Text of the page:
How to avoid a $100,000 airfare
By Carl Unger
Emergency medical evacuation is a product most people probably don't think they need. It sounds almost exotic, as if one's trip would need to be inherently dangerous to justify the purchase.
Well, think again. Emergency medical evacuation is far from necessary for every vacation, but travelers concerned about potential health problems or accidents, or who are traveling to relatively remote destinations or even just taking a cruise, may feel a bit more comfortable knowing they can easily and affordably get to a health care center in the case of a medical emergency. And speaking of affordability, consider that a domestic medical evacuation can cost tens of thousands of dollars, and it can be over a $100,000 for international evacuations.
There are three main players in the emergency medical evaluation business: MedJet Assist, AirMed, and a newcomer, On Call International, which previously only sold coverage to travel insurance companies as a wholesaler. Each program offers annual subscriptions and individual trip coverage options, but the products differ somewhat, as you'll see in this chart.
Still, you can expect a similar set of benefits, not just medical evacuation, but also "family reunion" transportation (when a spouse or other relative needs to join or travel with an ill or injured family member), medical monitoring/consultation, and travel assistance services such as cash advances and legal consultation.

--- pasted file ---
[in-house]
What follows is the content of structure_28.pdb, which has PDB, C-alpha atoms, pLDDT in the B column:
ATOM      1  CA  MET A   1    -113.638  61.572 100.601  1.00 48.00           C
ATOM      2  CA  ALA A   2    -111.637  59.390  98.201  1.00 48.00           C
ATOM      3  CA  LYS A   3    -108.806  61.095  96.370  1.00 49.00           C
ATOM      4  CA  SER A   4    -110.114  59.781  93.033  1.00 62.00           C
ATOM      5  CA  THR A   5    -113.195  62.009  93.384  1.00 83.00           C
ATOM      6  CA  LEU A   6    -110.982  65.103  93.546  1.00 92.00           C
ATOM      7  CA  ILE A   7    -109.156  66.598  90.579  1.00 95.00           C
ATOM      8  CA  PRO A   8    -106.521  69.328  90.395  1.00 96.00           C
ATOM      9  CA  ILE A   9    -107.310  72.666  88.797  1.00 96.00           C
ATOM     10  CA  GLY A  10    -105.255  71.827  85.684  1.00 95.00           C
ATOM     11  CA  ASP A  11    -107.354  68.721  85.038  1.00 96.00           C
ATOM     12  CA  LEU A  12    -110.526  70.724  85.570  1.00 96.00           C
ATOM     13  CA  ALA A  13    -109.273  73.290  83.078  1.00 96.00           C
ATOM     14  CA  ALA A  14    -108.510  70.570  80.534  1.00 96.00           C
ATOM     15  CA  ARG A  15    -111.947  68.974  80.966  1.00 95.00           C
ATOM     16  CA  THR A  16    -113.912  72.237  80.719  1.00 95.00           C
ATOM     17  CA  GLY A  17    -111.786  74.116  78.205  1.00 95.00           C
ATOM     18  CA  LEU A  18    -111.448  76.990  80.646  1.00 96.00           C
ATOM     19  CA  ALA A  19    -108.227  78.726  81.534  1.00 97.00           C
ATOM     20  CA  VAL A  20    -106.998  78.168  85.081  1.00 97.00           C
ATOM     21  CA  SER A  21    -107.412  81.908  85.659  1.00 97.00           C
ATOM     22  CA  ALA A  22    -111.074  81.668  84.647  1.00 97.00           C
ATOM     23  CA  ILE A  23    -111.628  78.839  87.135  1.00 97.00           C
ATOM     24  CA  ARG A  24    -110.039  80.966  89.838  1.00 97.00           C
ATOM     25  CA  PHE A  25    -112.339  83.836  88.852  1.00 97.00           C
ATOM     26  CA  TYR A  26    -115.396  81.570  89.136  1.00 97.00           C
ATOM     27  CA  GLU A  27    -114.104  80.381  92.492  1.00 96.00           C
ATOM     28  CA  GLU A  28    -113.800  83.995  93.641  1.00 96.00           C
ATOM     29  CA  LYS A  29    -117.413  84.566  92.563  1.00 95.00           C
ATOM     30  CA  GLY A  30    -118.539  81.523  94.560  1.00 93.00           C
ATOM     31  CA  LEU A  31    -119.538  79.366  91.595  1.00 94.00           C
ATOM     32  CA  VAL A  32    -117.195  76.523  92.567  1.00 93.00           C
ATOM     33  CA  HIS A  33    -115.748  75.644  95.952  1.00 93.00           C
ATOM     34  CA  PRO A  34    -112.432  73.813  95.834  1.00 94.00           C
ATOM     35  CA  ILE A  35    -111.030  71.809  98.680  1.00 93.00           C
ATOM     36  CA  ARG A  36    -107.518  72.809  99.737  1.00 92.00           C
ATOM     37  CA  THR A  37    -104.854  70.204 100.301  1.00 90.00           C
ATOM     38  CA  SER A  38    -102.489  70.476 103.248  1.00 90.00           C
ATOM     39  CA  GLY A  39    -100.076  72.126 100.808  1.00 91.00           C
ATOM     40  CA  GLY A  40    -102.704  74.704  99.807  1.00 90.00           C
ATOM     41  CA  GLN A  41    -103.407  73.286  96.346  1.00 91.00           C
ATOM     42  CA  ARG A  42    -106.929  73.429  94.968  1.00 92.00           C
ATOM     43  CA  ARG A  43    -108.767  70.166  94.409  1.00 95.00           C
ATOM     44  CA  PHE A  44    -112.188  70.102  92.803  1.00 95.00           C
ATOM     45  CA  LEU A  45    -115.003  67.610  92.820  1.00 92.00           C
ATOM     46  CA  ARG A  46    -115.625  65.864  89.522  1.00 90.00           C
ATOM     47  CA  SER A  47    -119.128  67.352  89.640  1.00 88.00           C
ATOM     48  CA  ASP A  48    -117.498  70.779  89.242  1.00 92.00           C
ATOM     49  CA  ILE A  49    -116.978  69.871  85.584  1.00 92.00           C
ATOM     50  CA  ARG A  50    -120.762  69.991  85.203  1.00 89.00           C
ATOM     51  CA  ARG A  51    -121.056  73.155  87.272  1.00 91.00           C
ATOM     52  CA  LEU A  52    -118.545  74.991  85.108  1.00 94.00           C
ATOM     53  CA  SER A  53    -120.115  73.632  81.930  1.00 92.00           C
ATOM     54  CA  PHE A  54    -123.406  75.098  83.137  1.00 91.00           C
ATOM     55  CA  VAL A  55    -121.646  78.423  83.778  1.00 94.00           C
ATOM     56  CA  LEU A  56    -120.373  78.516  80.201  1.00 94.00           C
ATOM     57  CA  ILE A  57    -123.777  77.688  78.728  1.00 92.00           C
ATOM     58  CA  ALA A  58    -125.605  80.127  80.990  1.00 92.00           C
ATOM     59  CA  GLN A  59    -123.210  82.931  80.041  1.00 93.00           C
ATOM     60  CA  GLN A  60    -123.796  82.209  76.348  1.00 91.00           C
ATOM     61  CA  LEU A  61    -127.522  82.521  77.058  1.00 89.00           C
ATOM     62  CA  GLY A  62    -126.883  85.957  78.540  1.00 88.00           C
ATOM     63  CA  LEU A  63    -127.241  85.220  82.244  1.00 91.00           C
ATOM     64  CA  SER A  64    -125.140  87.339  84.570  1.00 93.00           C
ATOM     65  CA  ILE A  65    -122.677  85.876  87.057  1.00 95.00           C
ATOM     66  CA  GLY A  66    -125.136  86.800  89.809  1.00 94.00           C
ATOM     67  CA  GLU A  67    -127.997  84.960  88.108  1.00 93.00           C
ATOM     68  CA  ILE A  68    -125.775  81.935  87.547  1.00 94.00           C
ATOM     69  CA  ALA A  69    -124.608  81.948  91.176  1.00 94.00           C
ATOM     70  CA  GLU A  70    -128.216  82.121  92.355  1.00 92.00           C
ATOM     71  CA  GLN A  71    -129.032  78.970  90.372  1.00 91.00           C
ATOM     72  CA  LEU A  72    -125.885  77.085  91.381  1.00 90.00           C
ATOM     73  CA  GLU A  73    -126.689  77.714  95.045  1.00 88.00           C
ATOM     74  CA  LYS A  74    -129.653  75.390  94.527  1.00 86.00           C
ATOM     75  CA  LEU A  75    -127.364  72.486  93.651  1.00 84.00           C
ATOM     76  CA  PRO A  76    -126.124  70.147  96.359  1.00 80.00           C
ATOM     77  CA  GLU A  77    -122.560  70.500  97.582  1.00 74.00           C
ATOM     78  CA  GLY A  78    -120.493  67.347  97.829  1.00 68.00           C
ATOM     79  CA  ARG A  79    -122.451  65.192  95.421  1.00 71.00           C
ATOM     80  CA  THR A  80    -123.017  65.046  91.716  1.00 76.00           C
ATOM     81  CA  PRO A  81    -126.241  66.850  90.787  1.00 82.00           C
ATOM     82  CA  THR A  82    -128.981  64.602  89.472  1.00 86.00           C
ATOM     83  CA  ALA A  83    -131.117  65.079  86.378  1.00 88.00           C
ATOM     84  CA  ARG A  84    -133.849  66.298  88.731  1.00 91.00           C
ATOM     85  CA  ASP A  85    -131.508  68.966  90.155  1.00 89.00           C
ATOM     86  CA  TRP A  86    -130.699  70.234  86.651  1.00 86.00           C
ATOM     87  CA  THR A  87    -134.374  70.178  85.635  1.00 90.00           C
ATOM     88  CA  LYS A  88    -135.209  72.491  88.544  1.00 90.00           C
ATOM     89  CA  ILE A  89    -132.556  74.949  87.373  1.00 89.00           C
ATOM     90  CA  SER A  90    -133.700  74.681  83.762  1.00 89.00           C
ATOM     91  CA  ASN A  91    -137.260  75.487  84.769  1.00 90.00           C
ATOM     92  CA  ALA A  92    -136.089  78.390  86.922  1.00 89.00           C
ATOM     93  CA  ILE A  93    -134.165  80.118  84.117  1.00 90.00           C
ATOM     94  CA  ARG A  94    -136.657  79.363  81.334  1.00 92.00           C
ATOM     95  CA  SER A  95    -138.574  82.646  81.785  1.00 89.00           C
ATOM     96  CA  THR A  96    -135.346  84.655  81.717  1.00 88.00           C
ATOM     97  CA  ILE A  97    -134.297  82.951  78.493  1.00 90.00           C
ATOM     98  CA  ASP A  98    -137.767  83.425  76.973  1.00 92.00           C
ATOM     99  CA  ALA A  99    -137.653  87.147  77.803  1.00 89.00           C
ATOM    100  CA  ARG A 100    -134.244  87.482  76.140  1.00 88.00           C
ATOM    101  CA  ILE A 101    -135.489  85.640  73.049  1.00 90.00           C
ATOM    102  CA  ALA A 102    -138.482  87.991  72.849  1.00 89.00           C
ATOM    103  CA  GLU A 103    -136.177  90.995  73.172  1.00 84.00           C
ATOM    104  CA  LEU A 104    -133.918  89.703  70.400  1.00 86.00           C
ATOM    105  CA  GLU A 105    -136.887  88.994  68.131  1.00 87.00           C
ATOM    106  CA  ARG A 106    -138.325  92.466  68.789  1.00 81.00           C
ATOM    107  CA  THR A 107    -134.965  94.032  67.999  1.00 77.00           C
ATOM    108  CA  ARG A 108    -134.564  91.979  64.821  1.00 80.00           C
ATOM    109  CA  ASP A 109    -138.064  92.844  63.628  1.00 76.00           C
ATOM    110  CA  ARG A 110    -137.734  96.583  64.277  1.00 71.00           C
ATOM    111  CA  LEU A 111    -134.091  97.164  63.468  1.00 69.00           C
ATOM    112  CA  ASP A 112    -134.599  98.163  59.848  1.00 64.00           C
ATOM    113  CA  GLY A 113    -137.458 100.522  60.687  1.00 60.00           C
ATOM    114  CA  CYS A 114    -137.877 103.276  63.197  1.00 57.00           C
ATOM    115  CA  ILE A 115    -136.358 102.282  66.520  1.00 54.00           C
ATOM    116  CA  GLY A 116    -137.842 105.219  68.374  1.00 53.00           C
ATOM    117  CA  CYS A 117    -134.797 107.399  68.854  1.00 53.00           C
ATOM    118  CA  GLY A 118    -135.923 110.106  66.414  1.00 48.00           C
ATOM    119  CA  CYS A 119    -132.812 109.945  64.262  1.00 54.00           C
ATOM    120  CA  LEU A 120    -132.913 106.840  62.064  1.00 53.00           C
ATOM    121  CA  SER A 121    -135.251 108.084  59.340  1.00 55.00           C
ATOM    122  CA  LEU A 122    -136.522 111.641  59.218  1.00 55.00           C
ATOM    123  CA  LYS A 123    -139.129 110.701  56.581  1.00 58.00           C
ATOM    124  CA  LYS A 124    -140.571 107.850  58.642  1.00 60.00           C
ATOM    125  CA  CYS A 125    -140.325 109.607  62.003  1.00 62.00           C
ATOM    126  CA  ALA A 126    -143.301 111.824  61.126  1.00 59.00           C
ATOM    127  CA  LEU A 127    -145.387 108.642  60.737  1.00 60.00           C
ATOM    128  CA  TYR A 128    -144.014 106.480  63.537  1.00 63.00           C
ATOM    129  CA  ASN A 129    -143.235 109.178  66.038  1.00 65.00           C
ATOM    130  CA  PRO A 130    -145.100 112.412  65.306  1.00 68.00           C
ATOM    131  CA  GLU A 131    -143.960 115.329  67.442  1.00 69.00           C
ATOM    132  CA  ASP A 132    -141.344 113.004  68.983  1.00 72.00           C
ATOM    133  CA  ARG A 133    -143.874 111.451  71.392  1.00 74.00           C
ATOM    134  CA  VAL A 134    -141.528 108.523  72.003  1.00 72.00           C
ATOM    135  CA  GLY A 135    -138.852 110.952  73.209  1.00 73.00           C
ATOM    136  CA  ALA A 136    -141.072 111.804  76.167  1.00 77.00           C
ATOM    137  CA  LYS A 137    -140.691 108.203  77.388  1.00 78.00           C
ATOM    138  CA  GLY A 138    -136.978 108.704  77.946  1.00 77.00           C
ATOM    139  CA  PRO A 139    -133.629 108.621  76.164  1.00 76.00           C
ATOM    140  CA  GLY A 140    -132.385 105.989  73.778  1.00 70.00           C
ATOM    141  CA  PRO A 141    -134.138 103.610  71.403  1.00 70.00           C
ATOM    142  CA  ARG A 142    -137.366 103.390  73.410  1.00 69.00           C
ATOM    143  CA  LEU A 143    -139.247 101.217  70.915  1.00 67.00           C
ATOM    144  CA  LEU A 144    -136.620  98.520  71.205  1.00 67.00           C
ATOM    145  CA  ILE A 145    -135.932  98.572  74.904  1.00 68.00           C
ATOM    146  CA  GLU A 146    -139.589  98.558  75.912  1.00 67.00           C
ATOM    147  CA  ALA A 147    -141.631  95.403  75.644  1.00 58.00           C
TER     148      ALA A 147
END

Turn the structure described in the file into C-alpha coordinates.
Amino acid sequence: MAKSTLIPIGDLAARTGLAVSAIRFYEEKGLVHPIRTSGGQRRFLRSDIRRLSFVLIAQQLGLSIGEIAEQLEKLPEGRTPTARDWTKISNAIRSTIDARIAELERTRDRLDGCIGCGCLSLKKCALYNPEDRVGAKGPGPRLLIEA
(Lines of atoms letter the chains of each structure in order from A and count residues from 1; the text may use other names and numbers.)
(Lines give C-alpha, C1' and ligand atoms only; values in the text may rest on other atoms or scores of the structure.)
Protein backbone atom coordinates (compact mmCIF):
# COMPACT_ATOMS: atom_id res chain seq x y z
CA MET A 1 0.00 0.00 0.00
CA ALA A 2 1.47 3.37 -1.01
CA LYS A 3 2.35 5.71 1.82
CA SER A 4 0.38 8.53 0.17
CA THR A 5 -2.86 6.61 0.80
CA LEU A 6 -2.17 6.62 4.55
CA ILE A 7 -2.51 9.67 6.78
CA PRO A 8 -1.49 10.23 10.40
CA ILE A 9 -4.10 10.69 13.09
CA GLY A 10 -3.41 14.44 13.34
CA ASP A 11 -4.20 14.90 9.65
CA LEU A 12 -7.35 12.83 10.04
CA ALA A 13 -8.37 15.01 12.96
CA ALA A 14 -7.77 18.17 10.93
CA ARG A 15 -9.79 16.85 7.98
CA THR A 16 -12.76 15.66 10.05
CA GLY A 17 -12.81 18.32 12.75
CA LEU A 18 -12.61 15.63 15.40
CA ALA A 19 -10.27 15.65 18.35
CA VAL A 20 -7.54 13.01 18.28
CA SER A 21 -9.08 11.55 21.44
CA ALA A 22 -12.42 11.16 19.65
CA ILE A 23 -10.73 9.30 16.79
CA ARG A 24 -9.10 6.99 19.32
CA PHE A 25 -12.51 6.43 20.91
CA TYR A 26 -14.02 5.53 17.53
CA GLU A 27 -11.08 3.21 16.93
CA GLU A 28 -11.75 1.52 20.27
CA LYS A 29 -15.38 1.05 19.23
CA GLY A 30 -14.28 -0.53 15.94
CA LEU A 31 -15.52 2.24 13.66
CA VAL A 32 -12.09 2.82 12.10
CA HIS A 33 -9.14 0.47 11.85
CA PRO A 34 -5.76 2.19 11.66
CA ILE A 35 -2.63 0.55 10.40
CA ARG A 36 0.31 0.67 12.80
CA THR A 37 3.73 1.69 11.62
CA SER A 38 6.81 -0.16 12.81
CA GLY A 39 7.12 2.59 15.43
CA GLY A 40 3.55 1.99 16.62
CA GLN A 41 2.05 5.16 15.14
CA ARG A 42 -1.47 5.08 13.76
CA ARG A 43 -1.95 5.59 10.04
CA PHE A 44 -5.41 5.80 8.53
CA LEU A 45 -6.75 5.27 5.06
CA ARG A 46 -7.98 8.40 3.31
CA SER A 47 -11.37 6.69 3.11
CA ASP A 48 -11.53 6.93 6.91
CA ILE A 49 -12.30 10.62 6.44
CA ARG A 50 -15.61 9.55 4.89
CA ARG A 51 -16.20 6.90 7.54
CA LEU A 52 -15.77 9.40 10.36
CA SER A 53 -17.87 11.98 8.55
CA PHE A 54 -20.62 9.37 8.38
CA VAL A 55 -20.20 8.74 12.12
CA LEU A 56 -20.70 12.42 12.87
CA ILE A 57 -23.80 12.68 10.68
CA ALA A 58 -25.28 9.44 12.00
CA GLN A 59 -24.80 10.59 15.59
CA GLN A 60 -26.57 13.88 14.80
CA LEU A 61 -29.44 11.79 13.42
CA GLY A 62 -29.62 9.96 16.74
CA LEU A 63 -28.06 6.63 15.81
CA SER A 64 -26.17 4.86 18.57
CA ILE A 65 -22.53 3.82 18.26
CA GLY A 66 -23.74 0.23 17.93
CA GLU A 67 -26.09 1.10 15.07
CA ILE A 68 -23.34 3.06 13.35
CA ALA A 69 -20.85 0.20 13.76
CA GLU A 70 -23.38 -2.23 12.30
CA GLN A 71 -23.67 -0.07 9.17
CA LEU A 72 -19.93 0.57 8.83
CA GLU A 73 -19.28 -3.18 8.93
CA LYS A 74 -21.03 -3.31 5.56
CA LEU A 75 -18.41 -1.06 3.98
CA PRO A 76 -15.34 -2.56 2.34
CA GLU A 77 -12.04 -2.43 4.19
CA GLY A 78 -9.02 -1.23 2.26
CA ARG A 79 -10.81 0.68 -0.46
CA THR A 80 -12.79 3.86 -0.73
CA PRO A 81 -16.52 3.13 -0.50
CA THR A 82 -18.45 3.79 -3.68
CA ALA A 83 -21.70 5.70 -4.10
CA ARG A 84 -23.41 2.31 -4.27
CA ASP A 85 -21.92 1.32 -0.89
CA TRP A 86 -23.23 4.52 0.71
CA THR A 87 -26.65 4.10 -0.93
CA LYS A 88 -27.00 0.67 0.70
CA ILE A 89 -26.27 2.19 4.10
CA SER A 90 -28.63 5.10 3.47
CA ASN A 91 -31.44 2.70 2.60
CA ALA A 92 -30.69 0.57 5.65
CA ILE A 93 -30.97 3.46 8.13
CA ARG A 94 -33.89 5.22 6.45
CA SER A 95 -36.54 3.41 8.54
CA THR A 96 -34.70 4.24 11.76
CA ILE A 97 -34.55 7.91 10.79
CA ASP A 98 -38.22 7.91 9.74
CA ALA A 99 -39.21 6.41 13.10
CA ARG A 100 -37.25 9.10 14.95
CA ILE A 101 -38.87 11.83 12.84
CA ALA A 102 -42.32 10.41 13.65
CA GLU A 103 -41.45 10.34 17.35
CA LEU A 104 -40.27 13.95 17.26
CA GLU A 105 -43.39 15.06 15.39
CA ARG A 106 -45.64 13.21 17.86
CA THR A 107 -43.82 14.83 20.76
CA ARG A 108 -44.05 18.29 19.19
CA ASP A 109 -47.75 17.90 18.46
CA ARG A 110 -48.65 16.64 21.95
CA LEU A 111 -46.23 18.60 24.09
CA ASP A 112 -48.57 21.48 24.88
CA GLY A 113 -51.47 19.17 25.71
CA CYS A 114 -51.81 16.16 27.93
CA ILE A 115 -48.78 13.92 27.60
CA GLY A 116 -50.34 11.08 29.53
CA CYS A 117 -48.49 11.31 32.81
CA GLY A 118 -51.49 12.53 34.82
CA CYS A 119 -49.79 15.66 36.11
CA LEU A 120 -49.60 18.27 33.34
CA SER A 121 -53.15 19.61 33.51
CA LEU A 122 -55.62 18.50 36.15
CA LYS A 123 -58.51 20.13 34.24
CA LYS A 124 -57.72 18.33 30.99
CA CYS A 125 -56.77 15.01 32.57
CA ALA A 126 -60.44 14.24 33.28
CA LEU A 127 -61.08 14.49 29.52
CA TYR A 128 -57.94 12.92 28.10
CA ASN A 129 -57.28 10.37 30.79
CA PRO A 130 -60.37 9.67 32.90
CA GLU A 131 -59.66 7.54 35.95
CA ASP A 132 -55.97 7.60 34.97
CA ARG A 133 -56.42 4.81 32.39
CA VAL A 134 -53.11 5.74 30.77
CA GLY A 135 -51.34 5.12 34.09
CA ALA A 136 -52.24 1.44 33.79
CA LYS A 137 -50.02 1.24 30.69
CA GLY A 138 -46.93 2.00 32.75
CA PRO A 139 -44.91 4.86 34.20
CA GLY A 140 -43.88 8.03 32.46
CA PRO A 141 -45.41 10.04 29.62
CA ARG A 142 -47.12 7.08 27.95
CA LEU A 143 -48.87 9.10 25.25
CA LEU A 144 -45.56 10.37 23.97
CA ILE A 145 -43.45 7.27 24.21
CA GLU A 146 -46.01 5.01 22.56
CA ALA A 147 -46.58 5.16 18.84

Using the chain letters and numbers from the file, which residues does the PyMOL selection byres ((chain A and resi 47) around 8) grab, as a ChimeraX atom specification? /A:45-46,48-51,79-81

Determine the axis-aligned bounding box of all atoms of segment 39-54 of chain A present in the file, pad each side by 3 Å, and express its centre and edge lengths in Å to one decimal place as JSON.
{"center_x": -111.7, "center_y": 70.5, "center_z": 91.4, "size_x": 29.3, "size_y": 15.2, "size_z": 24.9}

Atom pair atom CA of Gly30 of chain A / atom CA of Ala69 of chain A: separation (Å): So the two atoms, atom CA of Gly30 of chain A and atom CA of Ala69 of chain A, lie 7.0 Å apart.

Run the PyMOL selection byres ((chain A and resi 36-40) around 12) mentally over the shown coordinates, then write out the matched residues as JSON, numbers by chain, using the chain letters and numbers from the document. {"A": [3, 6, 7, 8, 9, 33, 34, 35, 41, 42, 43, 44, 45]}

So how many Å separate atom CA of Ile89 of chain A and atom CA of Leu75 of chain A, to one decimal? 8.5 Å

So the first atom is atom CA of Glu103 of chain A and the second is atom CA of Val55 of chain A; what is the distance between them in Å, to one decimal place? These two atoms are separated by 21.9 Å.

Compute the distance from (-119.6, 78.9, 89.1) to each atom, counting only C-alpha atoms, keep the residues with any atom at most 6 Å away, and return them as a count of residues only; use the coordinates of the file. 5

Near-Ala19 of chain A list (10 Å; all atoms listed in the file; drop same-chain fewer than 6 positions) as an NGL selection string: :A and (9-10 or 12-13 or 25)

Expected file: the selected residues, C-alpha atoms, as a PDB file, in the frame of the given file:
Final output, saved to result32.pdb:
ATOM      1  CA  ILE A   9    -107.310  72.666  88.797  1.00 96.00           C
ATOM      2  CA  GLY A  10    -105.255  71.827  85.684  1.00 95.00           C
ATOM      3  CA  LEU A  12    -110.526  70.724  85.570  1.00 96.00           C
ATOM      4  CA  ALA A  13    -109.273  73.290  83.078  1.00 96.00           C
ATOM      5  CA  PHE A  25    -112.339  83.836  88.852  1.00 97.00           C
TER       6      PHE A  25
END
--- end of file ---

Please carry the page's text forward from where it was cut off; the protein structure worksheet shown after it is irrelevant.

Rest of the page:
There are a few things to look for when purchasing this kind of service. First, you probably want a program that will bring you to your hospital of choice—anything else sort of defeats the purpose. You'll also want to make sure there are no restrictions on pre-existing conditions, lest you risk being denied transport when injury or illness befalls you. If there are any such restrictions, it should go without saying that you read them thoroughly. Keep in mind that none of the big three evacuation providers provide transport for conditions or hospitalizations already in effect when a customer enrolls in their program. So no breaking your leg before your trip and then signing up for an airlift!
Lastly, make sure you completely understand how the evacuation procedure works. Who decides when an evacuation is necessary? What circumstances qualifies a person for evacuation? Can customers literally be evacuated from anywhere on the globe to any medical facility they choose? One distinction between On Call and its competitors is that it provides coverage starting at 50 miles from home, versus 150 miles for the other two firms. That might not sound like a big difference, unless you're, say, a Manhattan resident who becomes suddenly ill late at night on Fire Island, a barrier island which is just 60 miles from the New York City.
Remember, also, that none of these companies' offerings should be confused with medical insurance, and in virtually all cases, your medical insurance provider does not cover emergency evacuation needs. The two will work in tandem to cover the transportation and medical expenses incurred should you end up in the hospital while traveling.
So again, while medical evacuation coverage is not something most people really need, some travelers may appreciate having in their back pocket.